Next, Klink et al. analysed multi-unit activity (MUA) data acquired from large, invasive electrode arrays in the visual areas V1 and V4 of two other macaques. These arrays directly measure action potentials from a population of neurons close to each electrode simultaneously. Two analyses were performed: a classical receptive field mapping analysis, using a narrow bar to find the edges of the receptive field (Figure 1A); and a pRF analysis using comparable approaches to the fMRI-based pRF. These yielded similar results, suggesting that the newer pRF technique can be compared to the classical RF technique. Across the two visual areas, receptive fields in V4 were larger than those in V1, reflecting the later stage of processing in V4. The critical result, however, was that the MUA pRFs from both visual areas accurately reflected those derived from the fMRI data.
Klink et al. then analysed pRFs based on local field potentials – the electric potentials in the extracellular space around neurons – recorded simultaneously through all electrodes in the array. While MUA provides information about action potentials in neurons, local field potentials reflect a sum of all electrical activity, both excitatory and inhibitory, including sub-threshold changes not visible in the action potential spike rate (Victor et al., 1994). In many ways, this is more comparable to the fMRI signal, which reflects the oxygen demands of all local activity. Indeed, pRFs derived from local field potentials at specific frequencies that dominate during visual stimulation, also correlated with the fMRI-based pRF, backing previous research suggesting that the change in blood flow correlates best with local field potentials (Logothetis et al., 2001; Berens et al., 2008).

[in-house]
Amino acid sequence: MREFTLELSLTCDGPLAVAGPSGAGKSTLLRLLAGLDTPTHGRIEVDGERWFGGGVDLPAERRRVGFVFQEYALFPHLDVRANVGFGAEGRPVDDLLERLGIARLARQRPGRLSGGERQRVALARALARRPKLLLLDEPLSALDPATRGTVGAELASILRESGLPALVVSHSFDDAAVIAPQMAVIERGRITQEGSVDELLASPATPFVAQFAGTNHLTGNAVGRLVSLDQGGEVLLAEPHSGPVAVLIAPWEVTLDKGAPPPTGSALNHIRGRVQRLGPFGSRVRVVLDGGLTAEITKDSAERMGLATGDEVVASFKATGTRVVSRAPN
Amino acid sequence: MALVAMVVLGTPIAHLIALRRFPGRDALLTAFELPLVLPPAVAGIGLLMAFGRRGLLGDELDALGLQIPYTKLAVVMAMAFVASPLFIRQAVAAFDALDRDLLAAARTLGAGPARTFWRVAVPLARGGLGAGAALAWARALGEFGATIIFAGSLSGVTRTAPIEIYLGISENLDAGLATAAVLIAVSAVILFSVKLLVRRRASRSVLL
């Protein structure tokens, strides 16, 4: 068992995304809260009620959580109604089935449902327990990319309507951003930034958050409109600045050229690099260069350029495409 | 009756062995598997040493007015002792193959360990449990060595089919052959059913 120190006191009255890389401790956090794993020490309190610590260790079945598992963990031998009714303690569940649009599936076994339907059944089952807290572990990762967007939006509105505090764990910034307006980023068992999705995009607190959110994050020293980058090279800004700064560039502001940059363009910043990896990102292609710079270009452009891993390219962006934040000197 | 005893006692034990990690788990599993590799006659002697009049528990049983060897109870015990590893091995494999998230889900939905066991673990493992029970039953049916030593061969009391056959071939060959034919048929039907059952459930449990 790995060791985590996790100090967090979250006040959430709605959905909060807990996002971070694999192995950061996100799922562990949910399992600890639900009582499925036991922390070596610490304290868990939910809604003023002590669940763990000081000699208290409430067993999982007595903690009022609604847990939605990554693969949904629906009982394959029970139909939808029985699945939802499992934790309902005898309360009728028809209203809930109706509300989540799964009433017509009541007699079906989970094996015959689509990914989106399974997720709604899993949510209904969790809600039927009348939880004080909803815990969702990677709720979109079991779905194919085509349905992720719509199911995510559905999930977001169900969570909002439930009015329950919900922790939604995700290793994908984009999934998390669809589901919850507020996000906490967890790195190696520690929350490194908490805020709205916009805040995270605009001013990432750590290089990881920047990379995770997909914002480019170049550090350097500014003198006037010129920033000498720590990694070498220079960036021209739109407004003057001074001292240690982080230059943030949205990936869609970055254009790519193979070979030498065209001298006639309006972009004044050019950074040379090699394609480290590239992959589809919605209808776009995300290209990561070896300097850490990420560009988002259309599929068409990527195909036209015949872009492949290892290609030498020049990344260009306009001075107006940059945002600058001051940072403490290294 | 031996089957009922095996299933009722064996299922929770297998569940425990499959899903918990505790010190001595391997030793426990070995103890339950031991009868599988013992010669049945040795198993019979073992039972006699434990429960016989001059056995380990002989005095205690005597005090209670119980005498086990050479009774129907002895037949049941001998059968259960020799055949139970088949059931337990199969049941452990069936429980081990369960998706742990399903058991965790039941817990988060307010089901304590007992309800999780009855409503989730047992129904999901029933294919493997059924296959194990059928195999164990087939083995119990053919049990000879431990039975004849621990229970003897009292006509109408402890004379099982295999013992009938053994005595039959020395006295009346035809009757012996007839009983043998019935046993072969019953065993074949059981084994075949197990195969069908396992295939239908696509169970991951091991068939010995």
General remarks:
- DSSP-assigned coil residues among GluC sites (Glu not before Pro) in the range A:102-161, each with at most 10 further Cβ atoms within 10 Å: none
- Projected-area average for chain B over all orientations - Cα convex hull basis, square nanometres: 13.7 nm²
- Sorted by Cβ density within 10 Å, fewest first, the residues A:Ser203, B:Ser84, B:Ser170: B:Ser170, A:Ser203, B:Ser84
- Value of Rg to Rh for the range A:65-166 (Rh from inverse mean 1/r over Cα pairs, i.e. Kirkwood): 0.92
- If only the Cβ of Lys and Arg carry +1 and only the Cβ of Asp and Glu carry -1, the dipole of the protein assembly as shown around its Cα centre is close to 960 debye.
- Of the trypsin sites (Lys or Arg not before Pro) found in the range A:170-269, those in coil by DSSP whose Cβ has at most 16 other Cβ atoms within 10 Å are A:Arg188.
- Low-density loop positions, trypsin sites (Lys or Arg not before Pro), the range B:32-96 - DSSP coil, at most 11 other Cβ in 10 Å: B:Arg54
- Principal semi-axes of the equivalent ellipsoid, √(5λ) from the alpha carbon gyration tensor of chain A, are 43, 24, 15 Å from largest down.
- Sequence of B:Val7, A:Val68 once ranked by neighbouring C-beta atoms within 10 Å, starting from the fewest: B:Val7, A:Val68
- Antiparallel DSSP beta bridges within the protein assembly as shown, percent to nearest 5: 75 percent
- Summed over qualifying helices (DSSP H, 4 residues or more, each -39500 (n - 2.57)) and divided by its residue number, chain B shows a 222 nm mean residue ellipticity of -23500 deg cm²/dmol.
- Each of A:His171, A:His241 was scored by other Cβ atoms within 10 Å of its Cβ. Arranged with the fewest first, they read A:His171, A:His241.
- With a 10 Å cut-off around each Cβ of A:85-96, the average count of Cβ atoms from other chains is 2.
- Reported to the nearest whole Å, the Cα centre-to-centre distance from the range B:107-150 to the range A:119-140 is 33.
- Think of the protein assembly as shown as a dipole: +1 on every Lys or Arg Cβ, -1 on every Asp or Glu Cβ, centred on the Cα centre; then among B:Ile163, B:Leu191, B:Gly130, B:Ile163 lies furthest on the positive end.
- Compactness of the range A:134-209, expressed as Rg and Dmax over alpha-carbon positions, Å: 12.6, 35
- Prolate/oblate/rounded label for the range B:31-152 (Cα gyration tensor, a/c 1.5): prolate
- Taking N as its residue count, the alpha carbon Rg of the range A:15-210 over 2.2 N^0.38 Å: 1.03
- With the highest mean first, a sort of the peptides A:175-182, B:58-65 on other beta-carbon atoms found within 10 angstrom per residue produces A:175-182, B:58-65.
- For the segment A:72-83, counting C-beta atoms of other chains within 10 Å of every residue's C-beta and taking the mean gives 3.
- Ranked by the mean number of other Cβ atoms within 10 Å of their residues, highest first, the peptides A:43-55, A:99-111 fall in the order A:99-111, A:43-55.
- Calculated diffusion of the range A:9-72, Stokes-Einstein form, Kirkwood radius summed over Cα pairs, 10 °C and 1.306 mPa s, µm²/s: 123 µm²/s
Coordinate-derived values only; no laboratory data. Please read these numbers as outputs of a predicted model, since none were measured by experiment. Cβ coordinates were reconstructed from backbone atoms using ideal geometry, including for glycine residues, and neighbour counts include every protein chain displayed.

The results of Klink et al. results show that three key features are directly comparable across the three types of pRF measured with invasive and non-invasive approaches. First, all the methods show non-linear summation across the pRF. Second, the size of the pRFs was broadly similar across experiments. Finally, the size of the pRF increases with the distance from where someone is looking. This reflects the high-resolution vision available in the area where someone points their eyes, and the reduction in resolution away from that point. The findings also show that action potentials measured with MUA reflect the fMRI-based pRFs more accurately than the local field potentials, which contrasts with previous studies suggesting that local field potentials better reflect the fMRI signal.